Online environments are fully corporatized, with sites ripe for data mining by aggregators and marketers. So, we can’t be surprised that the discourse of corporate management has promoted “Brand Me” as the mode of online self-presentation. Or as William Deresiewicz (2011) observed, “The self today is an entrepreneurial self, a self that’s packaged to be sold” (7). That is, the self is regarded as a commodity to be packaged for brokering in a variety of media sites, including videos such as YouTube, the personal websites of entrepreneurs, and product-related sites.

    Online venues are preferred vehicles for composing, circulating, monitoring, and managing one’s brand. Individual users adopt the methods of corporate marketers, simplifying and honing their self-images and presentational behaviors to project a desirable brand “Me”—digitally hip, successful, fully sociable, intriguing. Some identify what sets them apart in their quirky individuality; some emphasize achievements. Some turn themselves into a kind of “logo,” which will consistently deliver a product and up-to-date status reports. As self-curators, users utilize the Web to create a multimedia CV that marks “you” as a brand. The brand is consolidated and marketed through narratives and images, especially those on social networking sites. Thus, telling personal stories or performing one’s sense of one’s personality is critical to the conveyance of the brand “you.” Narrative, profiles, images all link aspects of your experience and your character into a coherent presentation.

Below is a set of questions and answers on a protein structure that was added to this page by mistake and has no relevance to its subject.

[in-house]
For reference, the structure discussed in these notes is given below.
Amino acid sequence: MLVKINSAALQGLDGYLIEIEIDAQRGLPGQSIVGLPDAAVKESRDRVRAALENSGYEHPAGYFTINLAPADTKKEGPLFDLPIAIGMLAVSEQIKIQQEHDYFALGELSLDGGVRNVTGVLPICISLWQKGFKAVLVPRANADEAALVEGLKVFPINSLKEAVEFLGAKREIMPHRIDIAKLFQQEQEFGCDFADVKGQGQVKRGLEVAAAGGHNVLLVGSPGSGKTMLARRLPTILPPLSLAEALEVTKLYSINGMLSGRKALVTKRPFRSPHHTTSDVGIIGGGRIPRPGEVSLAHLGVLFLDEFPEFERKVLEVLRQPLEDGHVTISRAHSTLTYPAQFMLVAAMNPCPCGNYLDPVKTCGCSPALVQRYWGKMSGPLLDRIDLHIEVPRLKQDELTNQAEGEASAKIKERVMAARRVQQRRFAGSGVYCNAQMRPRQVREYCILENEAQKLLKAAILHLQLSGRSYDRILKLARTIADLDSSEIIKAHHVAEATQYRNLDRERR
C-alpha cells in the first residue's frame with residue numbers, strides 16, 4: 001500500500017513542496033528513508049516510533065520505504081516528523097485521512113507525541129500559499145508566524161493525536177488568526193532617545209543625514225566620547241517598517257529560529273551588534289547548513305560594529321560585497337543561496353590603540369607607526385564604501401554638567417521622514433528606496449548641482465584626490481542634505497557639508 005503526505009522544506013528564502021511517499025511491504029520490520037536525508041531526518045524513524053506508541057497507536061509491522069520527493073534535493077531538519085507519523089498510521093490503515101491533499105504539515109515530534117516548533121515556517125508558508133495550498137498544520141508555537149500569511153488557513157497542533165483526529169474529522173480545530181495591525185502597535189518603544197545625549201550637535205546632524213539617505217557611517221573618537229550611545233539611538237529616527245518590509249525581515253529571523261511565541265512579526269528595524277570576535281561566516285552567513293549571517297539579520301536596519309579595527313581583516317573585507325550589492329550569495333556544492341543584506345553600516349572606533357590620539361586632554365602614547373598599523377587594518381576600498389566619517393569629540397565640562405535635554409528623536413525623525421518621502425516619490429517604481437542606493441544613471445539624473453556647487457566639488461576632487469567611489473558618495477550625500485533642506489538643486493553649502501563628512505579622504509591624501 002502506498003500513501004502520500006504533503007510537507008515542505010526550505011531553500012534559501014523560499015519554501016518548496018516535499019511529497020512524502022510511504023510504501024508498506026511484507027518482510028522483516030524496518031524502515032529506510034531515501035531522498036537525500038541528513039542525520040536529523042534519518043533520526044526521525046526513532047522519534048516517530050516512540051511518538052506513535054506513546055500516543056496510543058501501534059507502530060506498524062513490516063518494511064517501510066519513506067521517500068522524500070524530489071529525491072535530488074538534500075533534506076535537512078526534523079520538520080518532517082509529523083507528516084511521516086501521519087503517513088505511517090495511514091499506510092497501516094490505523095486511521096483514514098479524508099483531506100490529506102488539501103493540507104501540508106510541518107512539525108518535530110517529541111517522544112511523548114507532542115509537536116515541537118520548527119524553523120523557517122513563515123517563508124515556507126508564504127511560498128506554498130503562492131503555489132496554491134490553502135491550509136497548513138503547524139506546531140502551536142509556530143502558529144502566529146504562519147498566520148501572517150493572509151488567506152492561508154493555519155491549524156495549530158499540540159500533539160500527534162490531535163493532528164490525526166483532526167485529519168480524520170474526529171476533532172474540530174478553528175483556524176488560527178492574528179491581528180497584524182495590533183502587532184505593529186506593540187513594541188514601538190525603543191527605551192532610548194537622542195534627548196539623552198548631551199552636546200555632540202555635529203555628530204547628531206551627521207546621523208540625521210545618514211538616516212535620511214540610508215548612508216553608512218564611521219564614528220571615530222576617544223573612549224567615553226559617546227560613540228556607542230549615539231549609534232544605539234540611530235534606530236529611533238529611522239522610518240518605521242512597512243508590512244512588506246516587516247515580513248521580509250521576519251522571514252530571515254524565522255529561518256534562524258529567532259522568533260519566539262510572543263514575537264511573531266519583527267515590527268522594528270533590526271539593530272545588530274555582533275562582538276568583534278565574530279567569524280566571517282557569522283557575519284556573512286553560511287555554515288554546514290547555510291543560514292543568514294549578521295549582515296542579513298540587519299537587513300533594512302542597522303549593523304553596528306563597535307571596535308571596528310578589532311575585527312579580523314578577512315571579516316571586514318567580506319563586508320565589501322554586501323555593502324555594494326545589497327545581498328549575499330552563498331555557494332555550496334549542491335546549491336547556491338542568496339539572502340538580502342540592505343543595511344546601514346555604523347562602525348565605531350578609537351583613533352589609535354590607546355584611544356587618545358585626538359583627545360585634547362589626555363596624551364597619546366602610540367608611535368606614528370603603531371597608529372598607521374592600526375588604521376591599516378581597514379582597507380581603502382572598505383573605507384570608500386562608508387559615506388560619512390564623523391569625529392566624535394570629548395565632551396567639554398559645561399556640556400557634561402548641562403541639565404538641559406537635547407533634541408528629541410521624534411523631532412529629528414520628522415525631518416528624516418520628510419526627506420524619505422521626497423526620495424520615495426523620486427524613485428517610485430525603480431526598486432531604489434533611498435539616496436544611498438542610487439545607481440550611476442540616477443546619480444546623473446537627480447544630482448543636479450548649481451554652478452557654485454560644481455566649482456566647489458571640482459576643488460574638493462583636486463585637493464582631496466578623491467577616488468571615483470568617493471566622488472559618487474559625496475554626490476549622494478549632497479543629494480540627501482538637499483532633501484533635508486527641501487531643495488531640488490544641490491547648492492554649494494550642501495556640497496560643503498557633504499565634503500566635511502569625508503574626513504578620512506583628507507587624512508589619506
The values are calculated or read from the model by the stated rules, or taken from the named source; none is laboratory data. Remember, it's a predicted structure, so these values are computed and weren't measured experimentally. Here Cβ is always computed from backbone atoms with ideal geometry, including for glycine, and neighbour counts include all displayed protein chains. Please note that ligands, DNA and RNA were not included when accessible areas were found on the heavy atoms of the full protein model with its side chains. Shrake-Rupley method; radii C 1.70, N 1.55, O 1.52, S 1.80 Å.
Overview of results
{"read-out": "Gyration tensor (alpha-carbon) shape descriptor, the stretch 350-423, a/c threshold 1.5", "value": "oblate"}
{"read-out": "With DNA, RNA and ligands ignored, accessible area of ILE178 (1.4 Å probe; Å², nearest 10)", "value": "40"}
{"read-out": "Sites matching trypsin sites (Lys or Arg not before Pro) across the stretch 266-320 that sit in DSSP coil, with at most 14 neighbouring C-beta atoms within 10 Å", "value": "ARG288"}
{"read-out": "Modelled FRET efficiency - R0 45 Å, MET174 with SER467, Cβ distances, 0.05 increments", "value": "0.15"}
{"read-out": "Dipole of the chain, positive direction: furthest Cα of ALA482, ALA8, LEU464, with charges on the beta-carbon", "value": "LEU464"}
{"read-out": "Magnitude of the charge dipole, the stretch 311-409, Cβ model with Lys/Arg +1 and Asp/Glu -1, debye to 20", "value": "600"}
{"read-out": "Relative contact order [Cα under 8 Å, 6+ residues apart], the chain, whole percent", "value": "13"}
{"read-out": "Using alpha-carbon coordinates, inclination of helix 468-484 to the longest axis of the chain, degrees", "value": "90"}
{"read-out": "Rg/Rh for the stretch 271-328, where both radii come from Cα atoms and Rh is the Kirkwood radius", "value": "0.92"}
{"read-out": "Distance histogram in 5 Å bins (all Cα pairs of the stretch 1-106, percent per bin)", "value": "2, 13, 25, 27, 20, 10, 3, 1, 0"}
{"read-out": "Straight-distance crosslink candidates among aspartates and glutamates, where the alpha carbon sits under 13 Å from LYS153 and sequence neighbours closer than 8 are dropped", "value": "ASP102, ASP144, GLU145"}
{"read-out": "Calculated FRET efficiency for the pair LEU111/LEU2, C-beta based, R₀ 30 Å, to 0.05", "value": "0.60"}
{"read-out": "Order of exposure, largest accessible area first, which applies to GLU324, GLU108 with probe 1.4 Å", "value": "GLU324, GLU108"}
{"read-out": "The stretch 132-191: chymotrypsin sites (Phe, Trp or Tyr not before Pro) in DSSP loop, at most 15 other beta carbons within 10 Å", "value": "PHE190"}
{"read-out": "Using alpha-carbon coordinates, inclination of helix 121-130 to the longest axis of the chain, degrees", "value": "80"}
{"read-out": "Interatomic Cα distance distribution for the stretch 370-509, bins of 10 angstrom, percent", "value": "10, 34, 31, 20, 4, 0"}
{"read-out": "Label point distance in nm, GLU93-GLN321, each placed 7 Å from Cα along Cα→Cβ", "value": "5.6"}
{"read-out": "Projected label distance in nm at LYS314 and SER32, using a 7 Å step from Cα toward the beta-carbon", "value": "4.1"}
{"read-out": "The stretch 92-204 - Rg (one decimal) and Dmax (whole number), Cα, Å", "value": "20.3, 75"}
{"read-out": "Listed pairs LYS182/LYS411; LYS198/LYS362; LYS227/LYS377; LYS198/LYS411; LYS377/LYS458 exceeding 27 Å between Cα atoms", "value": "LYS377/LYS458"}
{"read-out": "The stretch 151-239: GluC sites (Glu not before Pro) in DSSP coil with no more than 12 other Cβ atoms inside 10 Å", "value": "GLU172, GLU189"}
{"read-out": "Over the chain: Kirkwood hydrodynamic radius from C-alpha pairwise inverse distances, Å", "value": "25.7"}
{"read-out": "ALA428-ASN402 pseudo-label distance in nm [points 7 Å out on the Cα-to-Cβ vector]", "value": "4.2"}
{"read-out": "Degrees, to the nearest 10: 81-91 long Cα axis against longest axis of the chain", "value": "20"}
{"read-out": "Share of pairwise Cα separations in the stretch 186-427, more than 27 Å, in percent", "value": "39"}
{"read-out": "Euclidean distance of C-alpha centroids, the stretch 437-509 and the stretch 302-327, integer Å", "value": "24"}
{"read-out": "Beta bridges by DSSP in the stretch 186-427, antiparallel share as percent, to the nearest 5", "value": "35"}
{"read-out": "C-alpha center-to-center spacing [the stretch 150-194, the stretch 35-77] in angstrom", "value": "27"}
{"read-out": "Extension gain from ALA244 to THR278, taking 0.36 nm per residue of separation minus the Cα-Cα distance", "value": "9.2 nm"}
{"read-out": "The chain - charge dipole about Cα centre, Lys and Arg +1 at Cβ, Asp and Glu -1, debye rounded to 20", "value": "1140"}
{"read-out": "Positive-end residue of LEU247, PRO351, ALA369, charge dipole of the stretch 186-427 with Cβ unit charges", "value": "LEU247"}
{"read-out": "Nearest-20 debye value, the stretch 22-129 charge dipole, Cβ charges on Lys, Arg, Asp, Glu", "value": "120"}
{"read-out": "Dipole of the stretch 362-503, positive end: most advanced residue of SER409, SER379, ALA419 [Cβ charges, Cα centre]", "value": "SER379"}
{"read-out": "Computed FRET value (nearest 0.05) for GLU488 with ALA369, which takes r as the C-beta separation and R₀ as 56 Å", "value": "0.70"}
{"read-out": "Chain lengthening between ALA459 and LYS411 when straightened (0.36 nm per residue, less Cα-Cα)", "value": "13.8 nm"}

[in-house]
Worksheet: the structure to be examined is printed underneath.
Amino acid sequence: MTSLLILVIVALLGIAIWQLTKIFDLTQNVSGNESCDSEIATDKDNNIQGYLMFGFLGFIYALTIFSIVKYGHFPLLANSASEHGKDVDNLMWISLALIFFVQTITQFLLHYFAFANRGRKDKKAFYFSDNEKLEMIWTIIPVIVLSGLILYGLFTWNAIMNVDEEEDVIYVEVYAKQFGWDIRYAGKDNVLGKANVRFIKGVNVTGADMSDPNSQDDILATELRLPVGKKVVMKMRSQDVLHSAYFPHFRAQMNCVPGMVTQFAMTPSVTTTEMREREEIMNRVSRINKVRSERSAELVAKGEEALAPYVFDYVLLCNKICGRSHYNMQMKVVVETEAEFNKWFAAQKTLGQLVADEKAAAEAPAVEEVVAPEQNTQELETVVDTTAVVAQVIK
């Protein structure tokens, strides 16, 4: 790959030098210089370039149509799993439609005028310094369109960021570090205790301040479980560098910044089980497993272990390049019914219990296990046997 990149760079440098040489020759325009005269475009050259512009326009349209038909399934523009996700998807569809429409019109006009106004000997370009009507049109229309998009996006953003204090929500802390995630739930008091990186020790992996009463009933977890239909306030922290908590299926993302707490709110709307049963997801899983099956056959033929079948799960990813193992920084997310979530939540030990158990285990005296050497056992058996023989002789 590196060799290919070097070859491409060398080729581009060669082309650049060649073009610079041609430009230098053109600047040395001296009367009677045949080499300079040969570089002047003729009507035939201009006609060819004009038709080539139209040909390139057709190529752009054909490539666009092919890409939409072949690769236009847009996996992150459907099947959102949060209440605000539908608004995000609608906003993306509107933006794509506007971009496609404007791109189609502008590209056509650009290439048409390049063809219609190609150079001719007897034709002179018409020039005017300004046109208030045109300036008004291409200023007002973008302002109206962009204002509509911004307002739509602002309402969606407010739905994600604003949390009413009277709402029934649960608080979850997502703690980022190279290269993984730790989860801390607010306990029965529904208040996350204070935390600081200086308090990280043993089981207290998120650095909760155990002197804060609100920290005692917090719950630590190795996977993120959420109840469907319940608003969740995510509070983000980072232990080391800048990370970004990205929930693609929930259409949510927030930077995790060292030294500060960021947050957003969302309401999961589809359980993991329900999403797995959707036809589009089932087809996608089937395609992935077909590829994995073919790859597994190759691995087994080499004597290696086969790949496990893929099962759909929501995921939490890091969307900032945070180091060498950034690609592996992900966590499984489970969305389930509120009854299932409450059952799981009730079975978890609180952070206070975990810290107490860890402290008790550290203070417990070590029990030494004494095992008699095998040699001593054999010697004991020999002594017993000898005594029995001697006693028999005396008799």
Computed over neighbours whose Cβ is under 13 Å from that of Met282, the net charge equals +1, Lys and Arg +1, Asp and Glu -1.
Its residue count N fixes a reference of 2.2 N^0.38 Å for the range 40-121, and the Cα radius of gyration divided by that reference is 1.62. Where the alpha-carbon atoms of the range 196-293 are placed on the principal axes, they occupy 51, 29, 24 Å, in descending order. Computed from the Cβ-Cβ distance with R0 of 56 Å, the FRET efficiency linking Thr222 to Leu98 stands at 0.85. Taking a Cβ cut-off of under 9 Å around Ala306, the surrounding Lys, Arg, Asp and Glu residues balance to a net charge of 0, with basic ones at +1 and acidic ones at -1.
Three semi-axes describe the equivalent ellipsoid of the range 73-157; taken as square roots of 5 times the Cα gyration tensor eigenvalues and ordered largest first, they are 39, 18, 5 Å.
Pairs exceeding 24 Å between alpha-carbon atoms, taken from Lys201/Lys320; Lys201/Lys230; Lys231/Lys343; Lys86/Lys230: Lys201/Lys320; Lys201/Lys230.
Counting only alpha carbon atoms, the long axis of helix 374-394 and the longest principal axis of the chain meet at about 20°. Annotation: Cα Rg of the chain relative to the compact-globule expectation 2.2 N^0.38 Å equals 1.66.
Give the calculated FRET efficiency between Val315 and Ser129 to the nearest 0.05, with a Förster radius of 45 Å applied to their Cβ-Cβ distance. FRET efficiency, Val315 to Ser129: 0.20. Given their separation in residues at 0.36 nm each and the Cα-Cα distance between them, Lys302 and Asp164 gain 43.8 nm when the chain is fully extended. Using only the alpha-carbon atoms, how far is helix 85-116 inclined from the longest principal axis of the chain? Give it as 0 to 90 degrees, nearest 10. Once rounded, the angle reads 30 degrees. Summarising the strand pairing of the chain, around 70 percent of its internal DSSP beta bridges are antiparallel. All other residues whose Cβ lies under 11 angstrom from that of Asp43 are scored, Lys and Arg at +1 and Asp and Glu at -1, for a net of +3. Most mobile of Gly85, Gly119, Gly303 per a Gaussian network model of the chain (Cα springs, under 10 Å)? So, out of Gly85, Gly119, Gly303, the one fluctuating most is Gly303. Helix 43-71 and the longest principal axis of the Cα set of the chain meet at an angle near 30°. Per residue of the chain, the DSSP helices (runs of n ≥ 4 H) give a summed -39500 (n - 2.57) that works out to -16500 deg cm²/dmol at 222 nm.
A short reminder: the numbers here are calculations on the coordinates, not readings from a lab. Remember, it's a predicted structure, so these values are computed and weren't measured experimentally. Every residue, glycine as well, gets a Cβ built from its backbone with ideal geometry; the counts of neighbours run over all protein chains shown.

With the imperative of branding, however, comes the necessity of managing the brand by managing online reputation. To do this, users may contract with any one of the many reputation managers advertising their services, such as www.reputationmanagementconsultants.com and www.ironreputation.com. The message here is that the impulse to online self-disclosure can be reckless and can undermine the self-image or brand a creator wants to project.

    Is the creator branding herself or himself on the site? How is the brand linked to autobiographical stories about experiences, character features, achievements? And how convincing is the assertion of brand coherence? How consistently and coherently is branding employed on various sites where the user appears?

    Confession Online

    Many consider confession a prime motivation for self-presentation in online environments. The sense of intimacy within anonymity that a virtual community of sharers experience in online sites provide may encourage users to disclose secrets but at potential risk to their privacy. Many online sites invite confessional disclosure and set out protocols for the degree and kinds of intimacy they invite. PostSecret, one of the most widespread and intriguing of these, combines the discourse of confession with the material traces of personal forms such as handwriting, photos and drawings, and small objects to secure the promise of authenticity for the secrets disclosed on the handmade postcards mailed or uploaded (which are in turn adjudicated by the site’s manager, Frank Warren). As Anna Poletti (2011) observes, the “confessional meta-narrative” of PostSecret protects anonymity through the postal system while connecting the secret to both the body of the creator and to the intimate public who comes to possess it. “The secrets,” she emphasizes, “remain secrets” (32). The technologies that mark the confession as such may be multiplied and focused in online environments to emphasize its special status for creators and to call site-users to an ethical response to it, though the boundaries of the genre seem more blurred than in its written form as practiced by, say, Augustine, Rousseau, or Joan Didion, Annie Ernaux, and Maya Angelou.